Ahead of the High Level Political Forum in July, where countries will report on their progress on SDG 16, The Elders launch a call on leaders to show greater commitment to providing access to justice.
The Elders are calling on countries to:
Invest in legal empowerment initiatives and grassroots justice providers
Increase funding for access to justice for women
Prioritise funding for civil justice as well as criminal justice
Justice is a fundamental human value. Yet over 5 billion people do not have meaningful access to it. This is an injustice that should shame as all.
All countries committed to ensuring equal access to justice when world leaders came together to agree the Sustainable Development Goals (SDGs) in 2015. Despite this, donor funding for access to justice has dropped by 40% in the past four years.
SDG 16, which includes a provision on access to justice, offers a unique opportunity to boost the provision of accessible justice services, but only if the necessary political will and resources are mobilised.
It is clear that without access to justice, it will be impossible to deliver the wider SDG commitments and to build a more prosperous, peaceful and equitable world.
Indeed, five billion people – two-thirds of the world’s population – do not have meaningful access to justice, according to the recent Task Force on Justice Report. Mary Robinson lamented the rising justice gap following the launch of the report: “the fact that the justice gap has risen by a further one billion people [since 2008] is a damning indictment of our global political and legal system”.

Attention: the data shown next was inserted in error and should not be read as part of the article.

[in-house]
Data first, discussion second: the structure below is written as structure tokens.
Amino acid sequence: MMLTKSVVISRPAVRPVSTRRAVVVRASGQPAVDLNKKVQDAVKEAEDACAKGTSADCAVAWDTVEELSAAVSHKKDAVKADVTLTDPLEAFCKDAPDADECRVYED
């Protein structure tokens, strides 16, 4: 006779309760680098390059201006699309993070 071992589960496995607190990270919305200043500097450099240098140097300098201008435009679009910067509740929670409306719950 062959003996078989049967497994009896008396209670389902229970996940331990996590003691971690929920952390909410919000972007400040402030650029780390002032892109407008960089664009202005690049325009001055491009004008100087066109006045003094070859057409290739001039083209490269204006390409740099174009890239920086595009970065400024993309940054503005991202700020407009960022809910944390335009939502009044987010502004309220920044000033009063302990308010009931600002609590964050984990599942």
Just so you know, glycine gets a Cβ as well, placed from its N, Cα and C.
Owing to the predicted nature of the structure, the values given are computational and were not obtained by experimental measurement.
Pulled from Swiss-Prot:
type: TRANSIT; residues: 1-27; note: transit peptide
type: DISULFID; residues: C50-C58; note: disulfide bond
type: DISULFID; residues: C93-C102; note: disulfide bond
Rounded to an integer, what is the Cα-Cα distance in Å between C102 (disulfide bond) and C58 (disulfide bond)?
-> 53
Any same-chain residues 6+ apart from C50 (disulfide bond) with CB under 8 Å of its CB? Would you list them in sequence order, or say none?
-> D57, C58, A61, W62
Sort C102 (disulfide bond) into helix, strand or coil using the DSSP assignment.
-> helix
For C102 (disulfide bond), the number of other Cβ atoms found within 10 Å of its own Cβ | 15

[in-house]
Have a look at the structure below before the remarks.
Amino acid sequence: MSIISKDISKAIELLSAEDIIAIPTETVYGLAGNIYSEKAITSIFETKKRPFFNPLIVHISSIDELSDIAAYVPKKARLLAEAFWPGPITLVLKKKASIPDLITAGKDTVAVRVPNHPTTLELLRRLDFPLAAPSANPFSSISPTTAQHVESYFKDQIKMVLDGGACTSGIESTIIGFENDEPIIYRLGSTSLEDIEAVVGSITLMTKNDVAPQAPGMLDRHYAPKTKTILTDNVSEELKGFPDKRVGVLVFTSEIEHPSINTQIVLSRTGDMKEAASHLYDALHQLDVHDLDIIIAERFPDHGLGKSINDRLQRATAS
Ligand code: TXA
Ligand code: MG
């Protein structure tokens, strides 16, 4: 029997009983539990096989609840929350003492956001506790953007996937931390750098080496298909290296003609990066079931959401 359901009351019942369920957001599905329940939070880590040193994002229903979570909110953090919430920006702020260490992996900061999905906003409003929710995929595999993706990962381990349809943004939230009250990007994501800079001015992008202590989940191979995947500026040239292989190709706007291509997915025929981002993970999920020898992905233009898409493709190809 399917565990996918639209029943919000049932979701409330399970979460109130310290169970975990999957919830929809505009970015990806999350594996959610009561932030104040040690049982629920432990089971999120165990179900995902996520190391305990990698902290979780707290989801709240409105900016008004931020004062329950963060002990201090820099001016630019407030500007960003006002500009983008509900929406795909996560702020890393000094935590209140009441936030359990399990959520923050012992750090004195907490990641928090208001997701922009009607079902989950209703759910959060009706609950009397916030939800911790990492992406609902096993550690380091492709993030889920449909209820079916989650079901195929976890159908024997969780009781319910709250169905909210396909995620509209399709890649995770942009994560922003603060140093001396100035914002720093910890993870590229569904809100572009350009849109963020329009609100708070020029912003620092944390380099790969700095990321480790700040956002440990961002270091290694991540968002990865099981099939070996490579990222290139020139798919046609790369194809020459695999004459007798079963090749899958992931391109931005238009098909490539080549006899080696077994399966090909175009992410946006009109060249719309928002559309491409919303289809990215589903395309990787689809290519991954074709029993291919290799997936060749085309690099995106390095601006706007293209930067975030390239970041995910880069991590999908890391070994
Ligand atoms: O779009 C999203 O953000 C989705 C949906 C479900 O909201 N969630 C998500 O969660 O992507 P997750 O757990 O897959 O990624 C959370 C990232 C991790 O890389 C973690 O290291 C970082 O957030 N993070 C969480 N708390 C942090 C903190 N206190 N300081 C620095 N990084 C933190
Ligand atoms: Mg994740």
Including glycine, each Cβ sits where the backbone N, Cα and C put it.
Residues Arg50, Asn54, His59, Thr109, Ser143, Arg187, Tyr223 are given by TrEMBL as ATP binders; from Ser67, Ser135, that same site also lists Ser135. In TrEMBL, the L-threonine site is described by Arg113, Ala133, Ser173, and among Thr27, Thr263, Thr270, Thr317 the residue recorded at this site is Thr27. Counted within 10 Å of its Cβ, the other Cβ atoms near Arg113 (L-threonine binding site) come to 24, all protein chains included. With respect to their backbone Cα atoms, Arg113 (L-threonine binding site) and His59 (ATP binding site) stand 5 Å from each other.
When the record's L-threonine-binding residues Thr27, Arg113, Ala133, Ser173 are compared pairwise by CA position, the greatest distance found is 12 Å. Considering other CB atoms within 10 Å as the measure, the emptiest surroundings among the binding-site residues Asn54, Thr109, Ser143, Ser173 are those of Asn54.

Too often access to justice is considered almost exclusively in the context of the courtroom, whereas in fact, access to justice influences almost every aspect of a person’s life. It means having your voice heard, exercising your rights, challenging discrimination and holding decision-makers accountable.
The Elders’ call to action
In July 2019, States will review their progress on the Sustainable Development Goals at the High-Level Political Forum (HLPF) in New York. For the first time, progress on SDG 16 (Promote peaceful and inclusive societies for sustainable development, provide access to justice for all and build effective, accountable and inclusive institutions at all levels) will be reviewed.
This presents a major opportunity for States to increase ambition on achieving equal access to justice for all.
Ahead of this, our Chair Mary Robinson has written to key Heads of State, welcoming their participation in the voluntary national review process, acknowledging the progress made (including by their endorsement of the Hague Declaration on Equal Access to Justice For All by 2030) and urging increased ambition.
Over the coming month, The Elders will promote elements of this digital diplomacy effort on Twitter. Follow our progress @theElders and share our tweets if you believe that leaders should fulfil their SDG promises and ensure equal access to justice for all by 2030.